Test Projects for I2C/SPI Tibbits

Test Projects for I2C Tibbits

Release Date:11/03/14
Most Recent Update:11/03/14
Project files:Sources
Minimum TIDE version:3.07.76
Minimum TiOS version:3.35.00
Platform:TPS2W, TPS3W
Try it on:TPS, add Tibbits as needed

This page is currently under construction

This is a collection of small projects for testing Tibbits with I2C or SPI interface. These are the following devices:

Many projects in the collection output data using sys.debugprint method, which means that the projects are meant to be run in the debug mode.

Each Tibbit has its own personal mini project, with these exceptions:

All tests can be carried out using a TPP2 or TPP3 board.

Testing ADC&DAC on TPP2

Testing ADC&DAC on TPP2

Testing ADC&DAC on TPP3

Testing ADC&DAC on TPP3

Testing ADC and DAC Tibbits

Project name: "test_tibbits_13_14_(ADC_DAC)".

Both Tibbits are tested in the same project. The DAC outputs desired voltages and ADC acquires them.

You will need:

  • TPP2 or TPP3 board
  • One Tibbit #12 (+/-15V power supply)
  • One Tibbit #13 (4-channel ADC)
  • One Tibbit #14 (4-channel DAC)
  • One Tibbit #20 (9 terminal blocks)
  • Optionally, one Tibbit #9 or #10 (12V->5V regulator)
  • Optionally, one Tibbit #18 (power jack)

Last two Tibbits are necessary if you are going to power your rig from a 12V power adaptor. Alternatively you can supply regulated +5V power directly to the TPP.

Pictures on the right illustrate the test arrangement. Notice the wires on the terminal block Tibbit. They interconnect ADC and DAC channels.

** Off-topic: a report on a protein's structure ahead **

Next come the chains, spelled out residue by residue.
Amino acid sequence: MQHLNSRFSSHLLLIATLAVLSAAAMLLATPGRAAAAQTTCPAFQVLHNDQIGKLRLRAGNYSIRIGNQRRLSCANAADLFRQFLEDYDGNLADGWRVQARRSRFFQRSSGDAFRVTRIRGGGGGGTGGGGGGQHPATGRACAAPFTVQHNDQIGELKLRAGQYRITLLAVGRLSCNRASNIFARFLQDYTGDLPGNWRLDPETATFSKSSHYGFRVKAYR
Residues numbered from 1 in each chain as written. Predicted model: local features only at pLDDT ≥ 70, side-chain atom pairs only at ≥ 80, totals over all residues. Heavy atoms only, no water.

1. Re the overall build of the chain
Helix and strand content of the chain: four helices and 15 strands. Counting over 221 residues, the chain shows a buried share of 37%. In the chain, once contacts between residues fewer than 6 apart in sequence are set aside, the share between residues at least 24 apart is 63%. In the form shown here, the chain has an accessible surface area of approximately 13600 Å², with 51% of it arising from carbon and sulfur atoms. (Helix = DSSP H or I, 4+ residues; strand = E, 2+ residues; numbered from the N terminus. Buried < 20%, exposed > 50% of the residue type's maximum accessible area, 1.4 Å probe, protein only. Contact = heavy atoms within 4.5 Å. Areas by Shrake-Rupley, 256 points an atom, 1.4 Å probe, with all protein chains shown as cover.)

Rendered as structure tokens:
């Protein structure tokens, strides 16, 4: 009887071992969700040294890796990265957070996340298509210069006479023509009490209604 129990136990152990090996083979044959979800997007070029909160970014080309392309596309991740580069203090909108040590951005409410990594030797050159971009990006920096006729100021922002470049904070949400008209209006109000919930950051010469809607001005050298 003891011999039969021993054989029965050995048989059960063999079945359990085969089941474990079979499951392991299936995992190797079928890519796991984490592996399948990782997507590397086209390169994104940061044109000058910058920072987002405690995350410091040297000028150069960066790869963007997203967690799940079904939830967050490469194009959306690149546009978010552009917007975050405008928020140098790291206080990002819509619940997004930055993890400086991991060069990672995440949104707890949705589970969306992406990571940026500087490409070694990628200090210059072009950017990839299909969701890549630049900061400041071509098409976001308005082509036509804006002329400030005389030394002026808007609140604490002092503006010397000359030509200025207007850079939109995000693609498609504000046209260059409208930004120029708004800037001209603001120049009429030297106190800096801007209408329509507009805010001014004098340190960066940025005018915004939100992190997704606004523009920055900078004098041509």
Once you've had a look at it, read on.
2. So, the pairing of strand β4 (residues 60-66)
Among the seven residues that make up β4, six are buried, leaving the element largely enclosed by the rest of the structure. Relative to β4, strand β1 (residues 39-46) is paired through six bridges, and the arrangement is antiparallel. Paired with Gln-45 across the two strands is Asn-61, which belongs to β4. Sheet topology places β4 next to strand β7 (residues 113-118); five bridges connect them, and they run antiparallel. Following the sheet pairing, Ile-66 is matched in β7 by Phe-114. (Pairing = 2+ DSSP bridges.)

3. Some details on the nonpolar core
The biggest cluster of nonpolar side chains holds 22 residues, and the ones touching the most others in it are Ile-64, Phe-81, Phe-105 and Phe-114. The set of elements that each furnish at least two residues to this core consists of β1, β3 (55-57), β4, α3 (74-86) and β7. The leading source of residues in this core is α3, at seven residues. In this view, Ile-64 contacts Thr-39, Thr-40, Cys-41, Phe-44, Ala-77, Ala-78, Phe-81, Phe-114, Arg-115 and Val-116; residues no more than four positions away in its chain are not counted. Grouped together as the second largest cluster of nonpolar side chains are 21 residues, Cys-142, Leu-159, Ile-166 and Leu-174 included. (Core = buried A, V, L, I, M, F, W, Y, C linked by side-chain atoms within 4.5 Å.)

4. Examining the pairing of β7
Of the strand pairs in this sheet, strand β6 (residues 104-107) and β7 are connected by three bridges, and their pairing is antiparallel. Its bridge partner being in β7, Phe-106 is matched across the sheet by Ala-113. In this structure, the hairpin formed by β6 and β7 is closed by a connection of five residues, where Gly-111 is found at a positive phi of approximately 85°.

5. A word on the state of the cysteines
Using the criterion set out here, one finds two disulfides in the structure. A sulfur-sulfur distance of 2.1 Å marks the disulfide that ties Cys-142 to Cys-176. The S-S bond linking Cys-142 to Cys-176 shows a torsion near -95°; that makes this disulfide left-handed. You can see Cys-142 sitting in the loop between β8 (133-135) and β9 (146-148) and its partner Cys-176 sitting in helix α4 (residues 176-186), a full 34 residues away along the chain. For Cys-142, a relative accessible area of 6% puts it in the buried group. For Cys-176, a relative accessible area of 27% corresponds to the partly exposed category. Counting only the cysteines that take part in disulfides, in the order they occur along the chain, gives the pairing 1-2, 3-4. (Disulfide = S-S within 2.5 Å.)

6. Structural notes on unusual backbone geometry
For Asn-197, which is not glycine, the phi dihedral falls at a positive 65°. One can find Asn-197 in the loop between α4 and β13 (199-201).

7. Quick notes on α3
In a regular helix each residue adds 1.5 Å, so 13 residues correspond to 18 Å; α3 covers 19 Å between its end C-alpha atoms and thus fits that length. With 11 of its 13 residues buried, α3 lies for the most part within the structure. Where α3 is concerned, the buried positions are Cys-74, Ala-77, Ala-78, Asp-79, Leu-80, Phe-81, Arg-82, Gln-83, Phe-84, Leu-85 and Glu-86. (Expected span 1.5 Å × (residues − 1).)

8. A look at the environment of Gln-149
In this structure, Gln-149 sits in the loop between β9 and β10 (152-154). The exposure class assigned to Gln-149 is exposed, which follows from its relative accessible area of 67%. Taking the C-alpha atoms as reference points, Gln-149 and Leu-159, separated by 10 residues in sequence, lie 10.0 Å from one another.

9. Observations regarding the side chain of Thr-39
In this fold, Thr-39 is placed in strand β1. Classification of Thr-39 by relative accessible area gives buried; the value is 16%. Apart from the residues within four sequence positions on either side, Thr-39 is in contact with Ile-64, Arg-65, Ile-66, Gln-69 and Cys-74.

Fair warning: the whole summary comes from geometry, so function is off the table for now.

Testing PWM and PIC coprocessor Tibbits

Project name: "test_tibbits_16_17_31_(PIC copro)".

Both PWM Tibbits as well as the PIC coprocessor Tibbit are tested using the same project.

You will need:

  • TPP2 or TPP3 board
  • One Tibbit #16, #17, or #31
  • One Tibbit #00-3
  • One Tibbit #20 (9 terminal blocks)
  • Optionally, one Tibbit #9 or #10 (12V->5V regulator)
  • Optionally, one Tibbit #18 (power jack)

Last two Tibbits are necessary if you are going to power your rig from a 12V power adaptor. Alternatively you can supply regulated +5V power directly to the TPP. The test with RGB LED strip requires 12V power as well.

All three Tibbits are based on the PIC device 16F1824. This is a generic PIC microcontroller with a typically rich set of peripherals.

Tibbits #16 and #17 take advantage of PIC's PWM channels (three out of four are utilized).

Tibbit #31 has four I/O lines which can be used in the following ways:

  • Three lines have PWM capability;
  • All four lines can work as ADC inputs;
  • Two lines can act as TX and RX of the PIC's UART;
  • Each line can also function as a a regular input/output.

All three Tibbits ship with the GRA (general register access) firmware, which allows you to access internal PIC registers and memory through the I2C interface. The firmware implements a very simple communications protocol which essentially consists of two important commands — address read and address write. These two commands are used to write to and read from the internal PIC RAM and registers. This facilitates a simple and versatile access to all microcontroller resources.

Since the GRA firmware does not do anything intelligent and all the setup work is essentially scripted in Tibbo BASIC, it's possible to modify the behavior of PIC micro without making any changes to its firmware.